In the beginning, Versio is the type of soldier that the empire needs. She is dead set on destroying the Rebels – something players will grasp within the first minutes of gameplay. After those first few missions however, Versio’s loyalty begins to stray. It is Janina Gavankar’s stellar performance that made me relate to Versio the most. She was able to have an emotional pull on me and when Versio’s narrative takes a turn, I believed in her. Additionally, the writing in the game was a big plus for me. Versio ends up coming face to face with a major character in the Star Wars universe (whom I won’t spoil), and her decision to switch sides felt meaningful. Further into the plot, the story shifts and players can command other Star Wars characters. This changes the story’s perspective and gives players a chance to see the “good” side. But honestly, I was not really into that aspect. Sure, it was fun to play as someone I have grown up loving, but I was really invested in a new angle, like EA promoted. These parts of the story felt lackluster, as though they were solely implemented to please Star Wars consumers. We know how Return of the Jedi ends, we know the Rebels win, we didn’t need to see this yet again. I probably sound like a passionate follower of the Empire, but I was disappointed by not diving further into this plot.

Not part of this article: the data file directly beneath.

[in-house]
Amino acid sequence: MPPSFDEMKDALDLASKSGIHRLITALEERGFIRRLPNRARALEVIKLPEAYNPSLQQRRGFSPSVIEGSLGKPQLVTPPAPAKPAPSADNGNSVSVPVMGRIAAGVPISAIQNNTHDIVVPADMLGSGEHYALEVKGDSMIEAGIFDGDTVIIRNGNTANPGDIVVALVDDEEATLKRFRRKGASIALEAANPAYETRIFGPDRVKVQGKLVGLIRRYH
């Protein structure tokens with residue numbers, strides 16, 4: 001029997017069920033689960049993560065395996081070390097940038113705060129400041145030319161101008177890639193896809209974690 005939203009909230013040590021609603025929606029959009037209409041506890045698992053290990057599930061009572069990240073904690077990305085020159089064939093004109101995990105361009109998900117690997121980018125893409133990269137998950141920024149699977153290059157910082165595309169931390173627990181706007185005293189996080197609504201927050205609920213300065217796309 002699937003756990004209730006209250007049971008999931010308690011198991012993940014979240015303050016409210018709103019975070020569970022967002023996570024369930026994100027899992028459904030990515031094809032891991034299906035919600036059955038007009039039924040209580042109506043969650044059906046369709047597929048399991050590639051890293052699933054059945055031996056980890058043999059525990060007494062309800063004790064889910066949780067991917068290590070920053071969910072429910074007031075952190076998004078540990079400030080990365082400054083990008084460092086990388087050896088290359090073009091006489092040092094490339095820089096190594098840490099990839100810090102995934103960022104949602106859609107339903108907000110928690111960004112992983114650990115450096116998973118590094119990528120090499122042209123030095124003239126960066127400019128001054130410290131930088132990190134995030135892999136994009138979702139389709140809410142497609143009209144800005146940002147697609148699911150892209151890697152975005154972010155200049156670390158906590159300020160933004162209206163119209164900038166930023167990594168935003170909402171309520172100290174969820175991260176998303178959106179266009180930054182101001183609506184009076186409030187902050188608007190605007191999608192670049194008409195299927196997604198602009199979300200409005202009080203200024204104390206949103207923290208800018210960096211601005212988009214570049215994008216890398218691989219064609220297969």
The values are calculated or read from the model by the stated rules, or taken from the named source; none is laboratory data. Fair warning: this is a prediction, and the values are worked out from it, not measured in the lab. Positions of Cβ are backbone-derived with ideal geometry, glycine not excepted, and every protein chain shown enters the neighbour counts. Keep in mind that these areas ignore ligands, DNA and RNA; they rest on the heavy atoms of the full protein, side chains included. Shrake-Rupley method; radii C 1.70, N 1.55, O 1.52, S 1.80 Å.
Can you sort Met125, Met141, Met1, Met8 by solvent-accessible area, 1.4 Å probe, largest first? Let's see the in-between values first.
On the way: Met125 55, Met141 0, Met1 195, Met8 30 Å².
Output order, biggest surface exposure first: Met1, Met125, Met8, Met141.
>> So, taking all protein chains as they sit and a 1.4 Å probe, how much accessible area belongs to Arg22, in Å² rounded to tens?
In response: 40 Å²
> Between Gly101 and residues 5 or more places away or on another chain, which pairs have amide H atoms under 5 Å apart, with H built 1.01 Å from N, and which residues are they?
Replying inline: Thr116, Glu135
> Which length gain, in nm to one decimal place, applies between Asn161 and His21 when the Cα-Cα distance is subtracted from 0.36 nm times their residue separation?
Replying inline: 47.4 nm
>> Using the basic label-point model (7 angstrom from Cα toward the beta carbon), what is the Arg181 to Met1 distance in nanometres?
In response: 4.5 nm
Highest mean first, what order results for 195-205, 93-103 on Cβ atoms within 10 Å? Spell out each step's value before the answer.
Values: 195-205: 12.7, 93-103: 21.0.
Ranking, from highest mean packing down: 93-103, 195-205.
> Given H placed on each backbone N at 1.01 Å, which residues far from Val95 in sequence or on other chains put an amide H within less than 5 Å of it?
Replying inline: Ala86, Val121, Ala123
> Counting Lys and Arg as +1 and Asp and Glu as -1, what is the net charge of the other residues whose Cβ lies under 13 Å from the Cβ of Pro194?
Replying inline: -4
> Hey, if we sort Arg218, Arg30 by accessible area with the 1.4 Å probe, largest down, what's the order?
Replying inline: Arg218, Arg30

As for gameplay, it does not rely heavily on its first-person shooter aspect. Yes, there is a multitude of guns to choose from but Versio does not remain on foot at all times. You can command characters that wield lightsabers and fly TIE fighters during the campaign. They do provide a break from the main gun play and did help me later in the arcade/multiplayer modes, but like I said, the story is what really pulled the single-player forward. The campaign totaled only four hours of gameplay and put too much focus on so many characters. Having it focus solely on Versio would have done it enough justice.The story was so smartly written, the character development felt real and Gavankar’s performance really encapsulated it all. It could have felt even more meaningful would it have been a longer campaign centered on her character.